Robert Ivy acts as the chief executive officer as well as the executive vice president for the American Institute of Architects. The American Institute of Architects is a professional organization with a strong focus on bringing together architects from around the world. While Ivy works as an architect, putting a focus on the design and construction industries, he strongly encourages architects to look outside their own field. Architecture isn’t an isolated field, and with applications from improving public health to disaster relief efforts, collaboration has become the name of the game, and the American Institute of Architects is ahead of the pack when it comes to making collaboration happen. View Robert Ivy’s profile at LinkedIn
Why The Recent Focus on Public Health?
The field of architecture is unique in that the field seems to focus on a single theme at any given time. While, until recently, the focus of publications has been on the isolated value of a structure, seeing them simply as objects, there has been a recent trend towards architectural projects being agents of change and collaboration, focusing on the bigger picture, which is to say, how the project affects the entire city and its people. With the new generation of architects focused on social engagement, diversity, collaboration, and more hands-on experiences. The impression of architecture as simply another art form is quickly fading, and its value to society is becoming more clear than ever before.
One area in which architecture has a readily apparent effect is that of public health. While the structure of a building isn’t likely to mend a broken leg, it can be engineered to help prevent things such as non-communicable diseases in the vein of heart disease or diabetes. For example, a building could be designed to promote healthy living and exercise by forgoing things such as elevators in favor of stairs, or, god forbid, by placing the parking spaces further away. But this focus on health is by no means a new development, it has simply gained more traction recently than in the past. The most simple design principles of architecture already force those in the field to consider health, from a building’s access to sunlight and clean water to ventilation and fresh air. Health has been part of architecture since the first time a building was designed. Read:https://www.nytimes.com/topic/organization/american-institute-of-architects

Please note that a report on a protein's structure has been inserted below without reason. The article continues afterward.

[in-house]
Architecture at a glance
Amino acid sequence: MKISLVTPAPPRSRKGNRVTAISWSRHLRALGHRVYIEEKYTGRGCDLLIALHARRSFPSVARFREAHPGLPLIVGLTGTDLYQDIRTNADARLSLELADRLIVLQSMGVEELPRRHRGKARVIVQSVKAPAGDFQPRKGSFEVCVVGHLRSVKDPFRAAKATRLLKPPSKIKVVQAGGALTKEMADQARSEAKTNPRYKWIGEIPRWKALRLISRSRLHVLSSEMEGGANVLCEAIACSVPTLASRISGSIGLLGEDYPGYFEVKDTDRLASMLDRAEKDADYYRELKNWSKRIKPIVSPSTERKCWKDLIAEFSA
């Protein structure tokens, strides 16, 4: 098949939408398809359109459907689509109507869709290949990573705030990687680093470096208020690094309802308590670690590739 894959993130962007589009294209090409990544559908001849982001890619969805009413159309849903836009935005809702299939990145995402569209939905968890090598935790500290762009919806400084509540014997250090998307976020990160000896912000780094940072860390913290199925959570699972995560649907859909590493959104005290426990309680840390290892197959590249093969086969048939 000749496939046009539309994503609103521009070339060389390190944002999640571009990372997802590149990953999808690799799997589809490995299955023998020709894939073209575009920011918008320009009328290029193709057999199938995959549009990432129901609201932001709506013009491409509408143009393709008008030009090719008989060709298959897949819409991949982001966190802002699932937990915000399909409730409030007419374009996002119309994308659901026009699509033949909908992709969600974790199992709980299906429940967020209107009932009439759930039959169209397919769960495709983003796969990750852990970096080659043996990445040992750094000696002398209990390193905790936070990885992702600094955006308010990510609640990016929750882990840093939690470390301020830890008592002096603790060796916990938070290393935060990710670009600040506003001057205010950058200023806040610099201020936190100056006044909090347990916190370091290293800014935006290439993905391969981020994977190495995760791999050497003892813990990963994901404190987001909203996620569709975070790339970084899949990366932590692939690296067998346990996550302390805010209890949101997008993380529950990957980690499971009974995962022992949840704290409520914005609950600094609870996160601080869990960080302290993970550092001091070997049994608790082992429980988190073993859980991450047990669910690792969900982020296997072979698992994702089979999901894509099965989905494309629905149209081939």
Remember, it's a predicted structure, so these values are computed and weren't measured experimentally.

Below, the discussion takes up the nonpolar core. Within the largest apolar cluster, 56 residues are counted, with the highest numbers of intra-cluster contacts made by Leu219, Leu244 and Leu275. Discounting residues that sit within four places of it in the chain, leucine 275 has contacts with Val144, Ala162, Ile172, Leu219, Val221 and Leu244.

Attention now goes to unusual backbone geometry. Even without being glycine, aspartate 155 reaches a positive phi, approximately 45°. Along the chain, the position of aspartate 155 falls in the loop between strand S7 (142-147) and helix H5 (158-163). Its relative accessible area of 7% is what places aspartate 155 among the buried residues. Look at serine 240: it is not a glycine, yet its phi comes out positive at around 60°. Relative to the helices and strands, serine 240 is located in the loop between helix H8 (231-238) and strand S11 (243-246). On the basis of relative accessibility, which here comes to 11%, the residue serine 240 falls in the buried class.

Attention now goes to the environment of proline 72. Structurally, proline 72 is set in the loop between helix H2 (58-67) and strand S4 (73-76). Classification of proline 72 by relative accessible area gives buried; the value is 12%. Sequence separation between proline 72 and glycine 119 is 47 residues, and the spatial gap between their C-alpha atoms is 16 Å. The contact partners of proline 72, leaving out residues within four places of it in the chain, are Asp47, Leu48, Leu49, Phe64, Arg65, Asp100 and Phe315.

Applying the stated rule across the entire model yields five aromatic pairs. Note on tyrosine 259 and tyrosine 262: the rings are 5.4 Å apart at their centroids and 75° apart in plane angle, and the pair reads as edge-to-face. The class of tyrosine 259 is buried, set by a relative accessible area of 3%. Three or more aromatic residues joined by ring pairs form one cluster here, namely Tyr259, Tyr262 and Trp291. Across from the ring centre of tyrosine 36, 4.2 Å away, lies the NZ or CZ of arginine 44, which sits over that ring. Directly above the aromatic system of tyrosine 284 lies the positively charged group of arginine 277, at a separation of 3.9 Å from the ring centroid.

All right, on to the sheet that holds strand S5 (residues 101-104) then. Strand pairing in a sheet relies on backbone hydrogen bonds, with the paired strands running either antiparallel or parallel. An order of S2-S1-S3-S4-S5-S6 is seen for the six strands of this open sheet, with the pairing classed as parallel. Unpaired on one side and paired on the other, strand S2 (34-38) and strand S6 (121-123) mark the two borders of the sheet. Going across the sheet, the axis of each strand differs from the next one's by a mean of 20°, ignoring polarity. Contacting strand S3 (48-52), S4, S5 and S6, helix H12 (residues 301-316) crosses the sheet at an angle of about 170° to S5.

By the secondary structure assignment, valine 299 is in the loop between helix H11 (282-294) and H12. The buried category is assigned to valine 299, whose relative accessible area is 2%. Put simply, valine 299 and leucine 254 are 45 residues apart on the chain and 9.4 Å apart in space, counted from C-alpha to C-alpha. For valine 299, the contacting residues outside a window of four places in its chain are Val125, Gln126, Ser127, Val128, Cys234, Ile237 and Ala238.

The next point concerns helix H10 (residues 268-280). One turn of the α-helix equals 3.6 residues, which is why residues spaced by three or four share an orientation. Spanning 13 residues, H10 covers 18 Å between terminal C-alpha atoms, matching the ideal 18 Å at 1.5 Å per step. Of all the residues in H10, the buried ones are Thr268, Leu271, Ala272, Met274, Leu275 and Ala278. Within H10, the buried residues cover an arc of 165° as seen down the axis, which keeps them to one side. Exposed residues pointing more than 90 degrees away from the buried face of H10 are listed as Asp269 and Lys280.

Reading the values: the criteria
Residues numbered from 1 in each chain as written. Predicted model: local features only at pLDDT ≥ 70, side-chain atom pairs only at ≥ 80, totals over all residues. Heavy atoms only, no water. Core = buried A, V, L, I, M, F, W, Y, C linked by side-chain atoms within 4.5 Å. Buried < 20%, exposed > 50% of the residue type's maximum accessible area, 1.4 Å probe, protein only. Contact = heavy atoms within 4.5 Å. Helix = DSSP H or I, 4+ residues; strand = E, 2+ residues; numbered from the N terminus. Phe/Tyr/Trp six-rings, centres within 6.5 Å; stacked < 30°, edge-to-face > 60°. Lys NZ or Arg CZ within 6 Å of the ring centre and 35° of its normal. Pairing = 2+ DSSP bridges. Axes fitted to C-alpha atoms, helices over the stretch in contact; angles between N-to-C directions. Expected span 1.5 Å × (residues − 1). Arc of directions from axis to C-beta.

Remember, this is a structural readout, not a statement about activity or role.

Building For The Future
The final goal of this movement is quite simple, as Ivy explains. Architects want evidence that their buildings are creating an impact on the world. They want to know whether or not their designs affect health or productivity, and this data can be hard to get. Most studies on the subject have focused on lighting rather than structure, and data is sparse. Robert Ivy believes that a sustained effort is what’s needed to gather this data and to turn the field of architecture into a force for change, and an engine for collaboration.
Read the article at zdnet.com about Robert Ivy